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  • People with Advanced Keratoconus May Have A Future Alternative to Full Corneal Transplantation

    Nov. 29, 2016

    Keratoconus, a disease that makes the cornea thin and cone-shaped, can seriously impact vision. Current treatment options, including corneal transplantation, are limited and can be risky due to problems with wound healing and ongoing distorted vision from astigmatism. Also, people with keratoconus cannot wear vision-correcting contact lenses for an extended time due to their cone-shaped corneas.

    Researchers at the Rotterdam, Netherlands Institute for Innovative Ocular Surgery, Melles Cornea Clinic and Amnitrans Eye Bank decided to address these issues for people with keratoconus. They studied whether transplanting only one corneal layer rather than the entire cornea may help people with advanced keratoconus avoid or delay full corneal transplantation and other potentially risky procedures. They also hoped the procedure would help people with keratoconus wear contact lenses.

    The researchers transplanted donor tissue from the second layer of the cornea—called the Bowman layer—into the middle corneal layer in 22 eyes of 19 patients with advanced keratoconus. This tissue was added to strengthen and flatten the thin, bulging corneas. After monitoring these patients for five years, the researchers found the treatment improved vision and stabilized the disease in nine out of 10 eyes (90 percent).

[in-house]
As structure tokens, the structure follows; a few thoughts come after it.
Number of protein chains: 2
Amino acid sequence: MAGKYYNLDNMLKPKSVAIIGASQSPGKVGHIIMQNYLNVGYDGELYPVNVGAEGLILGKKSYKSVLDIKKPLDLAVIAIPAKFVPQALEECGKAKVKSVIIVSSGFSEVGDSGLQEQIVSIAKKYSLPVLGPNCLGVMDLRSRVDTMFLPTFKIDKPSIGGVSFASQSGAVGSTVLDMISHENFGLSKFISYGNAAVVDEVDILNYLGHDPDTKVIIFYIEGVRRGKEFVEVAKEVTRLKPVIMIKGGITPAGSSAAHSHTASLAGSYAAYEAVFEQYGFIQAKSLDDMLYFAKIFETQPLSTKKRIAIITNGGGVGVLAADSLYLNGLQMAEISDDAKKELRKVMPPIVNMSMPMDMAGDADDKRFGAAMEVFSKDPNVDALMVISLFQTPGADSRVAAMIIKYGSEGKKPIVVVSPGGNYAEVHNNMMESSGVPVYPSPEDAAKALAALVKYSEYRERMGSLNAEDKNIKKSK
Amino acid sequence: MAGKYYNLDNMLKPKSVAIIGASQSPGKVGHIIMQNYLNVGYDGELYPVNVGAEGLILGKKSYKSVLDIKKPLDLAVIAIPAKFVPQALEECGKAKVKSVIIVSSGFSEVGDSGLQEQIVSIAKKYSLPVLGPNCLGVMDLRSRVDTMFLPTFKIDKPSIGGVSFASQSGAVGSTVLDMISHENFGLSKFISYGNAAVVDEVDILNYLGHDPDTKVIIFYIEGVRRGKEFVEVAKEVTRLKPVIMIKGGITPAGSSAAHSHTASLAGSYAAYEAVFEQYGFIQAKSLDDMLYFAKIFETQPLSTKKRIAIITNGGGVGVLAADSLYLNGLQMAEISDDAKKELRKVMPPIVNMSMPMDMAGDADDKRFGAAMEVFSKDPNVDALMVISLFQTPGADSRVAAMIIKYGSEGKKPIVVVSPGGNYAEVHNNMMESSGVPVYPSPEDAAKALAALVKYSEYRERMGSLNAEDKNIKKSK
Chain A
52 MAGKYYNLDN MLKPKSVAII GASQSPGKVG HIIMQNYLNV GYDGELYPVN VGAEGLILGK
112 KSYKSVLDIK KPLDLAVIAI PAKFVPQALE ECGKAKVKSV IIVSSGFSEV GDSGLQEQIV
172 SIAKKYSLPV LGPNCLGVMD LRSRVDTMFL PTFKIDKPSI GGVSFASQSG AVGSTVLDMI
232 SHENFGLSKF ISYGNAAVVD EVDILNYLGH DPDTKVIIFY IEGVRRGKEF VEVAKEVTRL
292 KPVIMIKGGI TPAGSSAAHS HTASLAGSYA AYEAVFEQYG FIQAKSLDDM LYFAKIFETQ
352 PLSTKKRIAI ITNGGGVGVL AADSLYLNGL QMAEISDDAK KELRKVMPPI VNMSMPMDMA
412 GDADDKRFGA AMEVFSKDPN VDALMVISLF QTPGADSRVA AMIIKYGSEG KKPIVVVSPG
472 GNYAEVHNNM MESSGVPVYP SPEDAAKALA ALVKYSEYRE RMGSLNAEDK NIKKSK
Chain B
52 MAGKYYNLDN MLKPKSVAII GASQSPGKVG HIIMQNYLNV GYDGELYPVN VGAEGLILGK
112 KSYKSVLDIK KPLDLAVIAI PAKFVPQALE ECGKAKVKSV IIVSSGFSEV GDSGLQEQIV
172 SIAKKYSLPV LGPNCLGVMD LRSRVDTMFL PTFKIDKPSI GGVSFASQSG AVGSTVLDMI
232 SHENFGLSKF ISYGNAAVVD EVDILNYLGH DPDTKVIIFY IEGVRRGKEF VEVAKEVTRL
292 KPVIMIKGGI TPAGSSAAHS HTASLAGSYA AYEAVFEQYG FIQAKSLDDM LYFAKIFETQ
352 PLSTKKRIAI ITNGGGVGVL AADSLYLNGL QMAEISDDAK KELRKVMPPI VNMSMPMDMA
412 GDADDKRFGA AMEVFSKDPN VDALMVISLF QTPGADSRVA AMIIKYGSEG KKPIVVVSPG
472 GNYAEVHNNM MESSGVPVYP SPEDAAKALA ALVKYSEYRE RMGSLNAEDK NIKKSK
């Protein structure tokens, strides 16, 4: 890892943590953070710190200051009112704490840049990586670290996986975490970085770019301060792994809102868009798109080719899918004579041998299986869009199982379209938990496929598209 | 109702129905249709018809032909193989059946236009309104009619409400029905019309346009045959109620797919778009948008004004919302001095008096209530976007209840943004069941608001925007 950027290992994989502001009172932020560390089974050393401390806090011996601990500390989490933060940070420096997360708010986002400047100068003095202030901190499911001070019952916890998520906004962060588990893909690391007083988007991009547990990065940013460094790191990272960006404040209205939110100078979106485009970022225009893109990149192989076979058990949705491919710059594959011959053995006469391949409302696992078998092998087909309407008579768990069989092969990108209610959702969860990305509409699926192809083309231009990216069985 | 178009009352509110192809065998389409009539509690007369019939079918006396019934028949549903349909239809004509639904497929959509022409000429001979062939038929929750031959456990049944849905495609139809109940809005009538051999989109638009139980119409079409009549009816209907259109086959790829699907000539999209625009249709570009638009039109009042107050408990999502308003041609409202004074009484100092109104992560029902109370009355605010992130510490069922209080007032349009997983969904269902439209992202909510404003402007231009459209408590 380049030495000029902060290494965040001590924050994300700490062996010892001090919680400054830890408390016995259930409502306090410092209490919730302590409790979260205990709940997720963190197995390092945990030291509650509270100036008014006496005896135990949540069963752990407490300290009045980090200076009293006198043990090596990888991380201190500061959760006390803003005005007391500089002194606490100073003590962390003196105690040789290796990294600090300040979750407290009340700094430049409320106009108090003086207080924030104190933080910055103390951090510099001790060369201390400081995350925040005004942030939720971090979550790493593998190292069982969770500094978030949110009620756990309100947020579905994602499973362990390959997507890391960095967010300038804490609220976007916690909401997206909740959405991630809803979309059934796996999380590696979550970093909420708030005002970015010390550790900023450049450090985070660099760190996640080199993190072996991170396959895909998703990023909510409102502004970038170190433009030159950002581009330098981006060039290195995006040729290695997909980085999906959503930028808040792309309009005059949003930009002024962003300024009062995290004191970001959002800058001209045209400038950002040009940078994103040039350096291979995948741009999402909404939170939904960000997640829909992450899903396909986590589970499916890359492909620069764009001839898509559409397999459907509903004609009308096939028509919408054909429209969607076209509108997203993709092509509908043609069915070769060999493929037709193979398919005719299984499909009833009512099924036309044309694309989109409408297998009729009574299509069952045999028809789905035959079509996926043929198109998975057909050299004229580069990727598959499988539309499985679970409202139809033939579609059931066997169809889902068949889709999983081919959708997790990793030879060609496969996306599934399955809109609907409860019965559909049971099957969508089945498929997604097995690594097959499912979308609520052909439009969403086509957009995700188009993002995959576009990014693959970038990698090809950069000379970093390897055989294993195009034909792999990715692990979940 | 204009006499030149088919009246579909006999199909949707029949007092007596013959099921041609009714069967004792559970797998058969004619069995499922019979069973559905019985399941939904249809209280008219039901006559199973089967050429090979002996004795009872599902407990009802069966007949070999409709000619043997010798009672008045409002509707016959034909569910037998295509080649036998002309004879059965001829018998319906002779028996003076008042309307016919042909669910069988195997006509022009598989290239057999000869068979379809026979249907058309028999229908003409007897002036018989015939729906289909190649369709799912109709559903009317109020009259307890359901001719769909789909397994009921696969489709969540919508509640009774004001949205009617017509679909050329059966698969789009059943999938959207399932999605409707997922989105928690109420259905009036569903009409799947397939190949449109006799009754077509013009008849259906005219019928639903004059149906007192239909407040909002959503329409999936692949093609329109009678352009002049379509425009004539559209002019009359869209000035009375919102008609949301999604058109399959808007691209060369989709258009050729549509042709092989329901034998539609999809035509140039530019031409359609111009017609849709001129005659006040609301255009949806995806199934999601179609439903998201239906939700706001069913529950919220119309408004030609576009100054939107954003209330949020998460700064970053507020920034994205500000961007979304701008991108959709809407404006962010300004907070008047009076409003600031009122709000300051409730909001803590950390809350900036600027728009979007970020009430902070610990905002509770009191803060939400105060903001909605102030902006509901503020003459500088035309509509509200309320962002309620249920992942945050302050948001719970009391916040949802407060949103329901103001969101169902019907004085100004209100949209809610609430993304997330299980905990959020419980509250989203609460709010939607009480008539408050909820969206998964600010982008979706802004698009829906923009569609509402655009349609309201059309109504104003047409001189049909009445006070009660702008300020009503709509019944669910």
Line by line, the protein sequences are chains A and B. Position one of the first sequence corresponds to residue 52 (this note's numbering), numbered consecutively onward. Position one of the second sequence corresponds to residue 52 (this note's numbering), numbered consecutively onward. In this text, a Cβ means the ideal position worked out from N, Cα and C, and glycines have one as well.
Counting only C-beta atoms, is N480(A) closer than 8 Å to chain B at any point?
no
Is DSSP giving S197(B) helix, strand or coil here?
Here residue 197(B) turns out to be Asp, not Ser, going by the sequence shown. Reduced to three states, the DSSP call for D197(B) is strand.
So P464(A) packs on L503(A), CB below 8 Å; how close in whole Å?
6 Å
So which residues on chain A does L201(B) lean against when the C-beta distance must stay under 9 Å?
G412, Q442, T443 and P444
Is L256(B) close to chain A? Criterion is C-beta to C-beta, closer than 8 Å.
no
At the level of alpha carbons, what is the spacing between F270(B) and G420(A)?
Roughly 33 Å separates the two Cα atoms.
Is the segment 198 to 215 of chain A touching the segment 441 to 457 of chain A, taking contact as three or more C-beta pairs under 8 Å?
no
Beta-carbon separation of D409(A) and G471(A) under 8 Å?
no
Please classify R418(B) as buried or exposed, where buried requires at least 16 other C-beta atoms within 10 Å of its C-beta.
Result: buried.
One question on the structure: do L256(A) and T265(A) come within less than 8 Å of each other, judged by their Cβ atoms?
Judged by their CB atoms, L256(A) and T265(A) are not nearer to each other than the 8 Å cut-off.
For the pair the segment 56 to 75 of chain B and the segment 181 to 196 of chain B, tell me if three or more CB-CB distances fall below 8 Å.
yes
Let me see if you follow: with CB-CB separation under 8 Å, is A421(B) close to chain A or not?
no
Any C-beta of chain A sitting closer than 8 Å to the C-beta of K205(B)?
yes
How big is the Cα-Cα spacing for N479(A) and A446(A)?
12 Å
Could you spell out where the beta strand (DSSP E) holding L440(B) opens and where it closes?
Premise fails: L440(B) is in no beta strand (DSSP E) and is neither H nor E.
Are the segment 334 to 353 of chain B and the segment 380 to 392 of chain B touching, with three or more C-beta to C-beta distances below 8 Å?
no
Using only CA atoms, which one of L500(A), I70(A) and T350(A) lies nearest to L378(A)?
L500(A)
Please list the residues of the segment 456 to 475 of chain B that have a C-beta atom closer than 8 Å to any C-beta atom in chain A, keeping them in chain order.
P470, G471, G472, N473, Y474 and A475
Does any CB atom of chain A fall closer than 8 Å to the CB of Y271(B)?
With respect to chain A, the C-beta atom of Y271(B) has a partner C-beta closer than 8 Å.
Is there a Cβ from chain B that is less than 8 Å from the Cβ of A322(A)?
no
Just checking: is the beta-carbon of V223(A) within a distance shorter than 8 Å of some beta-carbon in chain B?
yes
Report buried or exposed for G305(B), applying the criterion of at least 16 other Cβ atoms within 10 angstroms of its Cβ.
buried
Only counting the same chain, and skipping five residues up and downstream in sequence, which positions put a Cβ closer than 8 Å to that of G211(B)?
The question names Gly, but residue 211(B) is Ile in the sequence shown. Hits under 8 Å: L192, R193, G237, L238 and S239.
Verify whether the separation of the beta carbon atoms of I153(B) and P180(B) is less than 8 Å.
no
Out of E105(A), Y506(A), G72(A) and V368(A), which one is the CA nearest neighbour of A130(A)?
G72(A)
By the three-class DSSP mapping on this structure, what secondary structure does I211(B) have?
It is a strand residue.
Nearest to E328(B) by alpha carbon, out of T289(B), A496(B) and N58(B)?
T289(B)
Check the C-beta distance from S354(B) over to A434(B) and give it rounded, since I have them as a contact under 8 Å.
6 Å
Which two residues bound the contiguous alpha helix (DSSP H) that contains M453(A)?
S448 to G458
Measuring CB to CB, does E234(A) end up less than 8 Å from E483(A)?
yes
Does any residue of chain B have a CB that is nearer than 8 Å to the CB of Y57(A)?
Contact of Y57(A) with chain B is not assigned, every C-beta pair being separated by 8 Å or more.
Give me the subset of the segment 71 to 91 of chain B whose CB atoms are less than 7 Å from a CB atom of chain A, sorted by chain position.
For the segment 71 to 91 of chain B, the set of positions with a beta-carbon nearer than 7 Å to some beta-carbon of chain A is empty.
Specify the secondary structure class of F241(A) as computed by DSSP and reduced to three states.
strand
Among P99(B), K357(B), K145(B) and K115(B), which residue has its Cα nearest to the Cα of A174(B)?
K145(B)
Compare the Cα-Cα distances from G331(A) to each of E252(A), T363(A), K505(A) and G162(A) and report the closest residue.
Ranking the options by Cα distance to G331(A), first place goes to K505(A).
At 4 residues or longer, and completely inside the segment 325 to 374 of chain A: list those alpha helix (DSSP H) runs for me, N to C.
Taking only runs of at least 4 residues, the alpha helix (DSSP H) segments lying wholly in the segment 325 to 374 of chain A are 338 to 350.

Researchers explained that because the Bowman layer does not contain cells, it is considered ideal for transplantation. This is because tissue transplanted from another person is often rejected by the body because it assumes the tissue cells are foreign and potentially dangerous. Placing the tissue in the middle layer of the cornea appears to stimulate the healing response. And because there is no cutting or stitching, it is less risky than some procedures to treat keratoconus, including full corneal transplantation.

    Other findings from this study:

    • The patients’ corrected vision improved from 20/400 to 20/200.
    • All the patients could tolerate wearing contact lenses for extended periods of time.
    • The patients’ average best-corrected vision with contact lenses held stable at 20/40 from before to after surgery.
    • None of the patients had complications after surgery that can occur with corneal transplantation, such as wound healing problems and ongoing astigmatism.

    The researchers say the Bowman layer tissue transplantation technique should be tested further in larger studies.